Born and raised in Puerto Rico, NYC-based photographer Omar Z. Robles spends the holidays in Caguas with family, only to find himself in a foreign land where he once called home. Strapped with the Leica M10-D, Robles turns to photography to keep himself grounded and finds light within the darkest of moments.
“Back when I was studying mime at the Marcel Marceau school in Paris, one of my teachers, out of the blue took me aside and said, ‘You know, we just don’t look up often enough.’
I’m back in NYC after spending holidays back home in Puerto Rico. The older I get, the more I try to visit home whenever I can. This time, circumstances where rather different. I wasn’t only going home for the holidays. A family member was recently diagnosed with a congenital defect and will be having a battery of surgeries done over the next year or so. She was having a procedure done right before the holidays, and I wanted to be there to support her.
Because of this situation, I wasn’t really planning to create any artistic work this time around. Honestly, I wasn’t even in the right place emotionally. After a few days coming back and forth from the hospital and spending too much time worrying, I needed to get out of that headspace. I had to put my mind on something else. I decided to reach out to several local dancers and scheduled a few sessions. I can always find a safe haven when I immerse myself in doing what I love to do.
The first week after the surgery was a bit touch and go. Because of this, I decided to schedule my sessions at dawn. Furthermore, I choose to shoot everything at our hometown, Caguas, around the old town square (with the exception of one session shot at the beach). That way, if there was an emergency, I could still be near and accessible. Hence imposing myself a set of circumstantial limitations. Other than that, I had no specific plan or artistic vision.
That, however, is how I usually approach my work. I let the moment or location speak to me and make creative decisions based on what I appreciate at the moment. Little by little, things start taking shape on their own. I grabbed my Leica M10-D and got to work.
Shooting at dawn allowed me to enjoy a beautiful quality of light. The type of directional light, you can only get right after the sun rises. It lends itself to an excellent play of light and shadows, thus creating a strong contrast. I used that lighting to my advantage emphasizing my subjects in a very unique way.
Usually, I shoot with longer focal distances, floating between the 90mm, 75mm and 50mm. Somehow I found myself working outside of my comfort zone. Organically, I started gravitating more and more towards my 28mm Summicron. Longer focal distances allow me to isolate the subject blurring away the background, which is why I prefer them. Yet, for some reason I seemed to want to incorporate more of the surroundings on my frames. The 28mm wide field of view became the right tool to tell the story that was unraveling before me. Embracing more those streets and buildings. Engraving them into my memory as if to never forget them.
These where the streets I grew up in. They used to be mine. Yet today, I live far away from them. The streets I roam nowadays are not mine, they’re foreign. They will always be. I realize now, that perhaps subconsciously I was trying to bring home back with me with this series. As my family member finds herself fighting for her health, I began to realize how much I miss my home. A home that much as my family member is fighting hard for its future and well being as well.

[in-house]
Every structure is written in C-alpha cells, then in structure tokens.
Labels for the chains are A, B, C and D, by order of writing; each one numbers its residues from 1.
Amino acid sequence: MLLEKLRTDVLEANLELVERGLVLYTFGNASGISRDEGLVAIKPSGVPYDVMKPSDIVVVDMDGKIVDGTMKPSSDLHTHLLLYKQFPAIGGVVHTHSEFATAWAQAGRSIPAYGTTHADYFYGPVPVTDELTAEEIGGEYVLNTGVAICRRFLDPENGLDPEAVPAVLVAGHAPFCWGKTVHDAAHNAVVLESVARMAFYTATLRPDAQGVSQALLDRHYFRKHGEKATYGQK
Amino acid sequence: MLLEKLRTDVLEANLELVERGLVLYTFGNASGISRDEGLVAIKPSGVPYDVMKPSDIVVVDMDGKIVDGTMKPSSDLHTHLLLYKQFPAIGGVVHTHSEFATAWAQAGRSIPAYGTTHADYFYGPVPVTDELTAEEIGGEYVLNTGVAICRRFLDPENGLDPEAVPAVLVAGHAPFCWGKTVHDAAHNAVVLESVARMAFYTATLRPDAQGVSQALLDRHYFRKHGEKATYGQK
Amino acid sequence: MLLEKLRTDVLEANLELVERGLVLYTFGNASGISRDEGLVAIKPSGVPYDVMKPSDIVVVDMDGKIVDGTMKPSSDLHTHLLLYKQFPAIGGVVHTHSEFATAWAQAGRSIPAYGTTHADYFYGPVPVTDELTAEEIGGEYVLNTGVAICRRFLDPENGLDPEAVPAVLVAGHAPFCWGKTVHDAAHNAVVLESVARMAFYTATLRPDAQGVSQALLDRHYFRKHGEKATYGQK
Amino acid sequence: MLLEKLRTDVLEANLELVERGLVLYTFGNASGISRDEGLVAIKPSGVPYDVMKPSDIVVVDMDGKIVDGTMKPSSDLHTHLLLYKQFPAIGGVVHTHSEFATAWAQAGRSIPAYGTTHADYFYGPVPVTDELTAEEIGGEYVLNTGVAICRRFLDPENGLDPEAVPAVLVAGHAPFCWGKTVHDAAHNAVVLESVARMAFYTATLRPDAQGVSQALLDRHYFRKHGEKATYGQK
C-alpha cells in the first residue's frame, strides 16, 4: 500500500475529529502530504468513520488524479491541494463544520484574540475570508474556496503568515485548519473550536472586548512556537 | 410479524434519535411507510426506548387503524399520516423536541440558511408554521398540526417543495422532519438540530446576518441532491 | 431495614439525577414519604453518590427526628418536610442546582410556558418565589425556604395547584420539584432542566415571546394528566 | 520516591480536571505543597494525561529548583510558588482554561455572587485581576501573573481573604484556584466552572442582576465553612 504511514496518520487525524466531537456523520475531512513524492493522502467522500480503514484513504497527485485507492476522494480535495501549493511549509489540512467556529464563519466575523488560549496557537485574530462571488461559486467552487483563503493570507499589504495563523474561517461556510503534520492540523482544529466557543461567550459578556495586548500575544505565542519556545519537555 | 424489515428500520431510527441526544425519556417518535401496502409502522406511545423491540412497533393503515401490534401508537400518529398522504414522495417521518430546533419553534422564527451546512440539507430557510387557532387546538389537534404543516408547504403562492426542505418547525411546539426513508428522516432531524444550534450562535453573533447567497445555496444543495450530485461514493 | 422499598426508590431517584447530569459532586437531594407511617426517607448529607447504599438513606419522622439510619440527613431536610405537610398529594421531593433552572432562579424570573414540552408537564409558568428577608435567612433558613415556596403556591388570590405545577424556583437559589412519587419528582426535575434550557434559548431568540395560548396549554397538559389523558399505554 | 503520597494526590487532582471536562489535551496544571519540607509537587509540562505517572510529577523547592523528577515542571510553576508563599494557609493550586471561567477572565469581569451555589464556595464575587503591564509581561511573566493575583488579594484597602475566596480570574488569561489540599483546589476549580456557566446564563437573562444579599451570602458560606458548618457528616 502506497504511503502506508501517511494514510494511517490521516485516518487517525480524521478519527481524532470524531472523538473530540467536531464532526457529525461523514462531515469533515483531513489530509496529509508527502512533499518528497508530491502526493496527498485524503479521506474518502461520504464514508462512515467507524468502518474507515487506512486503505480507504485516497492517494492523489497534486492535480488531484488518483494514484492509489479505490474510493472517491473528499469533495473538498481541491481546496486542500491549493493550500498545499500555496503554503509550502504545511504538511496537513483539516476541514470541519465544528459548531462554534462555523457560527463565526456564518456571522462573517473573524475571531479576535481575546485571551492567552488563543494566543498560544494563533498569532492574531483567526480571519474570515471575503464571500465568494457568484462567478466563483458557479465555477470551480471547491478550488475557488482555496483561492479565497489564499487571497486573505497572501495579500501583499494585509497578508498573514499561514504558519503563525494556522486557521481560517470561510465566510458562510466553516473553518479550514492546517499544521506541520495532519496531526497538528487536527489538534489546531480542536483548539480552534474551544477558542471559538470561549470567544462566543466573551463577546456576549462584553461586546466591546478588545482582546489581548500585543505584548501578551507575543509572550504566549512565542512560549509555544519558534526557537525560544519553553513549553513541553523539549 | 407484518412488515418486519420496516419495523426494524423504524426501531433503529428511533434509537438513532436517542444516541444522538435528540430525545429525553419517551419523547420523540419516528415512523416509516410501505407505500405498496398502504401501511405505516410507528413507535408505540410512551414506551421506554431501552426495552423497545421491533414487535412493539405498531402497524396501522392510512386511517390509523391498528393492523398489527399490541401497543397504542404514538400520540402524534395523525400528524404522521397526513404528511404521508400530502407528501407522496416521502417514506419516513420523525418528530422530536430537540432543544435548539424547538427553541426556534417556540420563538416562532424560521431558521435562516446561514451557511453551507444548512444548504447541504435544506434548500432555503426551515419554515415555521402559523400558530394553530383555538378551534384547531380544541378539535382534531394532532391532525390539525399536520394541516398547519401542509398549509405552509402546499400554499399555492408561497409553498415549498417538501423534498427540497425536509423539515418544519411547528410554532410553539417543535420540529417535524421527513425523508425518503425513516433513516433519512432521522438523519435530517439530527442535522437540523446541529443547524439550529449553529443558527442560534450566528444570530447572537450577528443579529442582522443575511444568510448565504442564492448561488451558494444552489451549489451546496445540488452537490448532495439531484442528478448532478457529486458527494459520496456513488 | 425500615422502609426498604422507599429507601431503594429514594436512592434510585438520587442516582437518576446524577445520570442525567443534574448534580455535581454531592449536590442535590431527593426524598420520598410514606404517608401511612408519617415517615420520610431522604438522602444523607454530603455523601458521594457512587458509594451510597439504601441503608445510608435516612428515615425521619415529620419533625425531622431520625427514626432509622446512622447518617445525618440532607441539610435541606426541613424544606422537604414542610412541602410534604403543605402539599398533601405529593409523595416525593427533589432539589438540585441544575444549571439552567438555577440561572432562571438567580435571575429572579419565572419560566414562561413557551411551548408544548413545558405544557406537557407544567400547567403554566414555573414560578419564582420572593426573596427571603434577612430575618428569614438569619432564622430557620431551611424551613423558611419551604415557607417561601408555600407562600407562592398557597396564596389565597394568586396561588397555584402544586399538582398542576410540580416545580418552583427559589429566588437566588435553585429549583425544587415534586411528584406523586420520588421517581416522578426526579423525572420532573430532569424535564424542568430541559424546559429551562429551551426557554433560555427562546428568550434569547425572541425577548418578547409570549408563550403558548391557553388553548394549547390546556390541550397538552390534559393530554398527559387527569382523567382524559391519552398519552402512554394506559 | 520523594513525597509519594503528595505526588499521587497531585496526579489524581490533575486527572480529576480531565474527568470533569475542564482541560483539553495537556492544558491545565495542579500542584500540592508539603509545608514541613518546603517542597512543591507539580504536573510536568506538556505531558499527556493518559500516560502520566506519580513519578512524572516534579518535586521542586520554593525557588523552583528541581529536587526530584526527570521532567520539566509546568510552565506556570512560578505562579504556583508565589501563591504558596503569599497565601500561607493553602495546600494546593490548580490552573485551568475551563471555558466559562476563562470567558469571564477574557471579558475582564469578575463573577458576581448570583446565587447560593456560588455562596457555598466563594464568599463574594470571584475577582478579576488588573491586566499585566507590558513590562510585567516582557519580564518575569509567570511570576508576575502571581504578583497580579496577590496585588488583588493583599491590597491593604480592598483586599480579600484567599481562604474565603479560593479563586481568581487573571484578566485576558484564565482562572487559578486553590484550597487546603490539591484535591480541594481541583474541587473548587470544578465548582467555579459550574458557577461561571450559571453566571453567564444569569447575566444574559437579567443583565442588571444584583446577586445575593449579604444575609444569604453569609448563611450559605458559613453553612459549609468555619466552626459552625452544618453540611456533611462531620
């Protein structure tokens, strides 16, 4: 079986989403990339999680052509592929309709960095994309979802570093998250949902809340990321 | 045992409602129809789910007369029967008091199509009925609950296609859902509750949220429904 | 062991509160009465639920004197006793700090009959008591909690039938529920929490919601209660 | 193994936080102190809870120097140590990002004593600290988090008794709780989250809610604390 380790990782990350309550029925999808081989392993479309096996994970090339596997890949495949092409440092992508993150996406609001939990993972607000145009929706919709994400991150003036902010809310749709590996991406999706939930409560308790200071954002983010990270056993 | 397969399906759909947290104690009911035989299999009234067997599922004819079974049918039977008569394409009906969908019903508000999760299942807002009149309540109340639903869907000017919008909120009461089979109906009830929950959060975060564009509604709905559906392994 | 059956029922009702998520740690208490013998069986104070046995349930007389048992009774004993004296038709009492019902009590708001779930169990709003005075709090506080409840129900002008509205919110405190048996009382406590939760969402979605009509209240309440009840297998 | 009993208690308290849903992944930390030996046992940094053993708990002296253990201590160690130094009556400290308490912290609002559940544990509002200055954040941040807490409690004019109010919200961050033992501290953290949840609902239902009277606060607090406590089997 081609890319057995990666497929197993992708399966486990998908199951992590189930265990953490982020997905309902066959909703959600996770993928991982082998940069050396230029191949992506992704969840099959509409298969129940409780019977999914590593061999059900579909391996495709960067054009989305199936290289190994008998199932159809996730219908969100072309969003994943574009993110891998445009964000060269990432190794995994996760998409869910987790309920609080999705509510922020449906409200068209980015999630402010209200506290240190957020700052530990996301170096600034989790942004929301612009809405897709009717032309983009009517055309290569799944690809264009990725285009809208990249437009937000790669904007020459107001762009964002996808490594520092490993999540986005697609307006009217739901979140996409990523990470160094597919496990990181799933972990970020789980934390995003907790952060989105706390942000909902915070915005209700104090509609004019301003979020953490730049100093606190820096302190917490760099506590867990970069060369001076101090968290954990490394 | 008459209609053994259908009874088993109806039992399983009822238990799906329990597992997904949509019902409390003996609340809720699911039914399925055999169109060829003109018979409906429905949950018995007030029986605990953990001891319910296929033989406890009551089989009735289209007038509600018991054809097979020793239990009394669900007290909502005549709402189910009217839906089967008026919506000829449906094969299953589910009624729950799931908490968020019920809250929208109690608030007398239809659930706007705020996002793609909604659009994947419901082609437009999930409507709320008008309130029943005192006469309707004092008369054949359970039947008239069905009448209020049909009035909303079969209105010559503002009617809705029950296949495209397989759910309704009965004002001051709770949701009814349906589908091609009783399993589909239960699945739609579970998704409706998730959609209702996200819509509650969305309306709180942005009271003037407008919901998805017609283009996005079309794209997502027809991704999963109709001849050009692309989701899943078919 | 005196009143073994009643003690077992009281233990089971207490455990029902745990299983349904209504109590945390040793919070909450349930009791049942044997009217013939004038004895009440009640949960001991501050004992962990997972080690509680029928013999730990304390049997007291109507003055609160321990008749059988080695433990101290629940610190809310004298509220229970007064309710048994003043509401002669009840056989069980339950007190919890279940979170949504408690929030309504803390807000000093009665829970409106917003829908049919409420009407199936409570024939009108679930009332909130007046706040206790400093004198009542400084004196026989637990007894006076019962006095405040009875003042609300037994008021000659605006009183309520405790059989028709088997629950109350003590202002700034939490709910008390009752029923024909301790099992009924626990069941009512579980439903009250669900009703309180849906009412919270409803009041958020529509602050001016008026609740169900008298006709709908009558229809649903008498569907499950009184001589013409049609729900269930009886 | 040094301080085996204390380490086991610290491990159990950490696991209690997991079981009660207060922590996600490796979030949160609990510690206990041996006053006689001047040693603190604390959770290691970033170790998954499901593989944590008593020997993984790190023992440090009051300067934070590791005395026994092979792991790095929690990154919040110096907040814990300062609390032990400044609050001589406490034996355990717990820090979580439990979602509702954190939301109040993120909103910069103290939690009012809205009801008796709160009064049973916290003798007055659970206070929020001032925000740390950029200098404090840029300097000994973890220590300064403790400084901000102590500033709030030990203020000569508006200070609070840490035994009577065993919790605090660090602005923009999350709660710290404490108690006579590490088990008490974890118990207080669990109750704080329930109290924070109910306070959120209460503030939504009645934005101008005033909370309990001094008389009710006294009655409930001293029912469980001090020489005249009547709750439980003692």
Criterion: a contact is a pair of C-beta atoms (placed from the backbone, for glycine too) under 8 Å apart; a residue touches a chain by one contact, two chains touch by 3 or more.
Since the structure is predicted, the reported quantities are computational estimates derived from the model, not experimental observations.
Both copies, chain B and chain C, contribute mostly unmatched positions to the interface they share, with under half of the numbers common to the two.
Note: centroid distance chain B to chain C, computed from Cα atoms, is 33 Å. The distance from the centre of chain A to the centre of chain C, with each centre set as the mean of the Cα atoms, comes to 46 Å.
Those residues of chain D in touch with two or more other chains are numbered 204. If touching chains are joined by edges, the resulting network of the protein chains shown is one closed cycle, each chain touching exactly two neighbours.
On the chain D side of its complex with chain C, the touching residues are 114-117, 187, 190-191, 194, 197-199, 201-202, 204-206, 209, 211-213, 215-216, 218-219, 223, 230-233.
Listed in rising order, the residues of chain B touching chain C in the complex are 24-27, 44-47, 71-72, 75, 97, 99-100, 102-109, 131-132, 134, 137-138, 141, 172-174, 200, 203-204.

Another interesting thing about this series is that I also found myself shooting upwards from and lower angle. As if I was recalling my teacher’s words, trying to look up. In order to do so, I had to get myself really close to the ground. Devouring both the ground and the sky in every shot. As if to remind myself to hope for better things to come, in spite of being so close to the asphalt.
As I’m writing this note, Puerto Rico is struggling yet after another natural disaster. Almost three years ago, the country suffered one of the most disastrous hurricanes. We lost over 4,000 lives then. Now, a swarm of earthquakes has been rattling my countryfolk for 3 weeks. Over 1,000 seismic events have been registered so far and they keep happening every day. It is estimated that at least 700 families have lost their homes while thousands are sleeping on the streets out of fear of going back inside their homes. Worrying the structures will crumble over their heads at any moment.
My streets are shaking, my streets are suffering. Meanwhile, local and federal authorities are playing politics withholding the much needed aid and funds. Playing a blame game and doing nothing to help. I had the opportunity to visit one of the evacuee camps and the the situation is dire and very real. People need supplies and first necessity items. More than anything, people need reassurance- to know that somehow things will be okay.
In the mist of all this chaos, I witnessed one of the biggest acts of kindness I’ve ever seen. Due to the government’s inaction to help, folks decided to take it upon themselves to help those in need. Fundraising and delivering supplies straight into the hands of the evacuees. I was immediately filled with hope. Organizing massive brigades to visit communities and lend a hand. Putting their own lives at risk in order help our brothers and sisters.
My people are growing stronger with every blow. When life has hit them at its hardest, knocking them down, they rise up. Lifting each other up each and every single time. That is the home I’m taking back with me. Not just the streets but its beautiful people. Even at our lowest point, we stand tall. Looking up, aiming high.”